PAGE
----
Definitely. Mostly other writers: Faulkner, Dostoyevsky, James Joyce, and many others. An older writer, Frank Dunlap, gave me great advice when I was beginning. And my distinguished friend Steve Minot influenced me until he died recently--or I should say we exchanged ideas about writing and had very helpful discussions. I miss Steve and our talks.
Wow! Where to start? First, be careful. There are a lot of people making bogus promises out there, preying on would-be writers. Thoroughly research anyone who promises to help you promote your book. Don't believe it when someone promises to make your book an instant bestseller. Publishing is a tough business. Most writers sell very few books, even those published by major publishing houses. So beware the hype. I can't go into the ins and outs of marketing here. Your best bet is to buy a couple of good books on marketing and check out their advice. It is a time-consuming process; you must be patient and resourceful and realize that you are competing against millions of other books. Millions!
With Spuyten Duyvil Press, a small publisher with a traditional publishing model. They have a good reputation as a publisher of literary fiction and poetry, but almost no publicity budget. Typical of small presses.
I am not much interested in them myself. Series apply to genre fiction not to general literary fiction such as I write. I always start from scratch--except for one collection of linked stories: Ashes Rain Down, which was the Huffington Post's Book of the Year in 2013.
Any length it needs to be to tell your story.
Yes. I contact the long leads and send a review copy months in advance of publication and short lead reviewers about 2 months before the publication date. Include a short letter with any early praise for the book, which is very important. Blogs can be contacted before or after publication, depending on their policy. This is how traditional publishers do it. There are no tricks, no short cuts. It takes a lot of effort. Self-published books are not reviewed by any of the serious review venues. Some blogs will review them. And you can pay someone to write a review. Don't. These reviews are totally worthless. If you are lucky, you know someone who reviews books. But many of us approach them cold.
Stick with it. Be patient. Don't despair.
It depends on what day you ask me. Today it Mario Vargas Llosa's "Aunt Julia and the Scriptwriter."
Not for this book. They can be helpful. But often very expensive. You aren't likely to recoup your investment on book sales. Do-it-yourself book trailers can work if the production values are decent. Be creative!
I am at work on a novel about a woman who is struggling to leave her abusive husband and change her life, putting her own and her son's life in peril.
I just keep on going. The tincture of time helps. Give it a few days--or weeks--the healing happens quietly.
It is like anything else: you gain competence--and mastery--with experience. It takes years to learn how to write well. Don't expect to produce a masterpiece right off the bat. Self confidence comes if you stick with it. The creative person is a curious sort: he/she must have both a big ego and, at the same time, must be insecure. How do you fit these two monkeys in the same cage? It is tough. Most of us tend to swing back and forth between self-assurance and uncertainty. We need the self-assurance to keep going. And the insecurity keeps us from getting smug. It forces us to reach higher. There will be tough days. But there will also be days of joyful gratification.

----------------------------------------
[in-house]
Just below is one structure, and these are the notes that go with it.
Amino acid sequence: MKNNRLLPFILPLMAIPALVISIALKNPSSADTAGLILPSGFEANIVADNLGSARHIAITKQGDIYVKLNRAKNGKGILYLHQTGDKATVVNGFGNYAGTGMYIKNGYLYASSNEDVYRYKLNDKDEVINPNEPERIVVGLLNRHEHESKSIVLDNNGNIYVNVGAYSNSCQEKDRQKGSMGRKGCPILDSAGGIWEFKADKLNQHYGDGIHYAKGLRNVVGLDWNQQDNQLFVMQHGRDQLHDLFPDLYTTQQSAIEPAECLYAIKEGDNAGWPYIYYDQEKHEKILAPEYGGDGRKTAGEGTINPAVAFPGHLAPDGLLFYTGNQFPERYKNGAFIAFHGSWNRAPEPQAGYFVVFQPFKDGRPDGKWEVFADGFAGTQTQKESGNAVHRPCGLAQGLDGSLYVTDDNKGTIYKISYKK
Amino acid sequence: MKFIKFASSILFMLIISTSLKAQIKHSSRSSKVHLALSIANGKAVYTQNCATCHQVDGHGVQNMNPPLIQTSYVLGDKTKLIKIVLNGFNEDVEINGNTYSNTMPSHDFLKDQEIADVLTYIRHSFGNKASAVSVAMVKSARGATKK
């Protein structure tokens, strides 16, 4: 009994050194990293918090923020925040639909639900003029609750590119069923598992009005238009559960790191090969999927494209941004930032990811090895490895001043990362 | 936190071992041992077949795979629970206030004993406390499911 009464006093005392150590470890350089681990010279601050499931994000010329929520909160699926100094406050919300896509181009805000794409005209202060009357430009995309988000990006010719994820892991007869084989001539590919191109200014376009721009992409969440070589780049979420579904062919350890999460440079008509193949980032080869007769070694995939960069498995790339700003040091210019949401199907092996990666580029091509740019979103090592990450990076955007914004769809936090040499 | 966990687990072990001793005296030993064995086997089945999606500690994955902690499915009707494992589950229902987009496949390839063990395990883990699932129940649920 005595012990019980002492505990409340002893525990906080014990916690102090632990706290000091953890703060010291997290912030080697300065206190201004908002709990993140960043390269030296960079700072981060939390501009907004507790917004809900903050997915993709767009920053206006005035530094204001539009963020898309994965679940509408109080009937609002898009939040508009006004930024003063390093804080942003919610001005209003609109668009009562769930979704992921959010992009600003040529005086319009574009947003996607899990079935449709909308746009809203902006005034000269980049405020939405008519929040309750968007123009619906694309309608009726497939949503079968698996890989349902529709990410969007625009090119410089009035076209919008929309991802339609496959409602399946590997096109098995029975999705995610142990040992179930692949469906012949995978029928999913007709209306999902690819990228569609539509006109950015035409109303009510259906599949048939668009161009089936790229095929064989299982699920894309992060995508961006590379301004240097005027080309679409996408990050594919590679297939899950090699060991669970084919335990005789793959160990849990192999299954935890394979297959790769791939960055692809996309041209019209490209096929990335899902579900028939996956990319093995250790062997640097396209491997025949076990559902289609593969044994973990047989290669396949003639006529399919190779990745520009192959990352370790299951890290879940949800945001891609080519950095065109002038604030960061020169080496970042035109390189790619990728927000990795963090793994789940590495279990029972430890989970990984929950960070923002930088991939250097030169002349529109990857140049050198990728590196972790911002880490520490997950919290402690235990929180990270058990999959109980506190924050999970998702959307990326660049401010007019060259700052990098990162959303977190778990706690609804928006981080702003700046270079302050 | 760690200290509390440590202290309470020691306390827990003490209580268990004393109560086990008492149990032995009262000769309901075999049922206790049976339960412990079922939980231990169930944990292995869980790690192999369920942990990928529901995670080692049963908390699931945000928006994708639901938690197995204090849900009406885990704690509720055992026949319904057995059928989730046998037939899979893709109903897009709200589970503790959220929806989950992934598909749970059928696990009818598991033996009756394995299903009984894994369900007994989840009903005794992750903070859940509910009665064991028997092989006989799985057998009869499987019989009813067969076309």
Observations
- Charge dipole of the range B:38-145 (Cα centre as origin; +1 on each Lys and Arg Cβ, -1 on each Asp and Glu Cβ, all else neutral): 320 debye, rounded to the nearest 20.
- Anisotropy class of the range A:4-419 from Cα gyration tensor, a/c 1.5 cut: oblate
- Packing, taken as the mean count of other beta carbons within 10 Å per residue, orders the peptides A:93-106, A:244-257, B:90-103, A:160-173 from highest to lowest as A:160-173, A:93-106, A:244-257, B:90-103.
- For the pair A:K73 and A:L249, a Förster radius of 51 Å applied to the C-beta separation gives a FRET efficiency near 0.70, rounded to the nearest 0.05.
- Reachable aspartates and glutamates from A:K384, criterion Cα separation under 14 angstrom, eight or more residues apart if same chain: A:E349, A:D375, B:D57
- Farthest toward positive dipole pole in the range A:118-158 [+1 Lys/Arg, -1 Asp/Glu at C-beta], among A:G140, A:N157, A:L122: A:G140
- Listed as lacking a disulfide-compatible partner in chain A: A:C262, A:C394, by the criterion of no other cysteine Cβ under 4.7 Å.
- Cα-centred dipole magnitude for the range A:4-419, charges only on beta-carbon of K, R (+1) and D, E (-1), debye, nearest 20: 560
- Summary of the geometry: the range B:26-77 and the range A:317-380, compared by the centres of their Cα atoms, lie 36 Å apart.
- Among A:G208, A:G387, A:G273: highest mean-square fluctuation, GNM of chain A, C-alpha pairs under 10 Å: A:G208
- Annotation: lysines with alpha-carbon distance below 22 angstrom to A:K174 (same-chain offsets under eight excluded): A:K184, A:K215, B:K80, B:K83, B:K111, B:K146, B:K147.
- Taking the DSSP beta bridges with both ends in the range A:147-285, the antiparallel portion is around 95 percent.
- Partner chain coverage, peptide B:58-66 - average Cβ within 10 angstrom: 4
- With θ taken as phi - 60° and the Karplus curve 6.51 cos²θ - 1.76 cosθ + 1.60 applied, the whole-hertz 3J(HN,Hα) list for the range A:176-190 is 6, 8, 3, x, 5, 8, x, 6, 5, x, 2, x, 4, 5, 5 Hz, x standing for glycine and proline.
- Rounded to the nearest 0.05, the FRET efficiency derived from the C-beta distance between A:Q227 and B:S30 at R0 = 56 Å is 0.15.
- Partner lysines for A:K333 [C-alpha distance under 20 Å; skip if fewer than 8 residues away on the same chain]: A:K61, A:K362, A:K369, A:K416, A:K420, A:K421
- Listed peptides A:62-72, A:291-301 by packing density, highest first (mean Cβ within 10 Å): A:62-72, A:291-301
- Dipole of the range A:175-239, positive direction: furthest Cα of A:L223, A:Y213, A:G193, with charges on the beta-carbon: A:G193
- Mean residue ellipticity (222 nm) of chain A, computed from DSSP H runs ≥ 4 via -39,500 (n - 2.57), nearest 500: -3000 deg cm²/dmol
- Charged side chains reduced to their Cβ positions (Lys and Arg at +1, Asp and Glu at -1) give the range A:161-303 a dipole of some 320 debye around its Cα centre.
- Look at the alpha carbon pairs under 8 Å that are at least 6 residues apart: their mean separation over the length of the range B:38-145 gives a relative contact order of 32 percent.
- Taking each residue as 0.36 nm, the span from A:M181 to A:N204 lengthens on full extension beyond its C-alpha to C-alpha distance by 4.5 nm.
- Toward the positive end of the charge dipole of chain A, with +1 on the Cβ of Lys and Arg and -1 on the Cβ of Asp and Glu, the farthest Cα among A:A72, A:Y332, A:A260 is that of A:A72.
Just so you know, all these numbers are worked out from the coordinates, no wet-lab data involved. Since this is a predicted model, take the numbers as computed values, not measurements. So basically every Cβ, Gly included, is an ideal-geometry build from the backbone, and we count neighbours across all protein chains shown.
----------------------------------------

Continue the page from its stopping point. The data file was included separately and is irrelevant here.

William Luvaas's new novel, Beneath The Coyote Hills, is forthcoming from Spuyten Duyvil Press (Sept. 15, 2016). He has published two novels, The Seductions of Natalie Bach (Little, Brown) and Going Under (Putnam), and two story collections: A Working Man’s Apocrypha and Ashes Rain Down: A Story Cycle–Huffington Post’s 2013 Book of the Year and a finalist for The Next Generation Indie Book Awards (Short Story)--and has edited an anthology of California writers: Into The Deep End. He has received fellowships from The National Endowment for the Arts, the Ludwig Vogelstein and Edward Albee foundations, and has won Glimmer Train’s Fiction Open Contest, The Ledge Magazine’s Fiction Competition, and Fiction Network’s 2nd National Fiction Competition. His articles, essays and over 50 stories have appeared widely, including in American Fiction, Antioch Review, Blackbird, Cosmopolitan, Glimmer Train, Grain Magazine, North American Review, Short Story, The Sun, Texas Review, The Village Voice & The Washington Post Book World. Ten of his stories have been nominated for The Pushcart Prize. Going Under was nominated for the National Book Critics Circle Award, and A Working Man’s Apocrypha was nominated for the 2008 Los Angeles Times Book Prize. He is online fiction editor for Cutthroat: A Journal of the Arts.
Luvaas’s novels and stories focus on people coping with adversity under difficult circumstances. An apocalyptic wind often blows through his work. Glimmer Train Co-editor, Linda Swanson-Davies, says of his characters: “He manages to make such swerving and impossible lives feel utterly true...even normal.”
Luvaas graduated cum laude from the University of California, Berkeley, and was a student activist. He has an MFA in Creative Writing from San Diego State University. He was the first VISTA Volunteer in Alabama, working for civil rights and economic justice. He has taught creative writing at San Diego State University, U.C.-Riverside, The Writer’s Voice in New York and The UCLA Writing Program. He has worked as a carpenter, pipe maker, window washer, freelance journalist, and Fiction Coordinator for New York State Poets in Public Service. Luvaas has lived in England, Israel, and Spain, and for a year in a primitive cabin he built in a giant stump in the Mendocino County redwoods. He now lives in Los Angeles with his wife, Lucinda, a painter and film maker.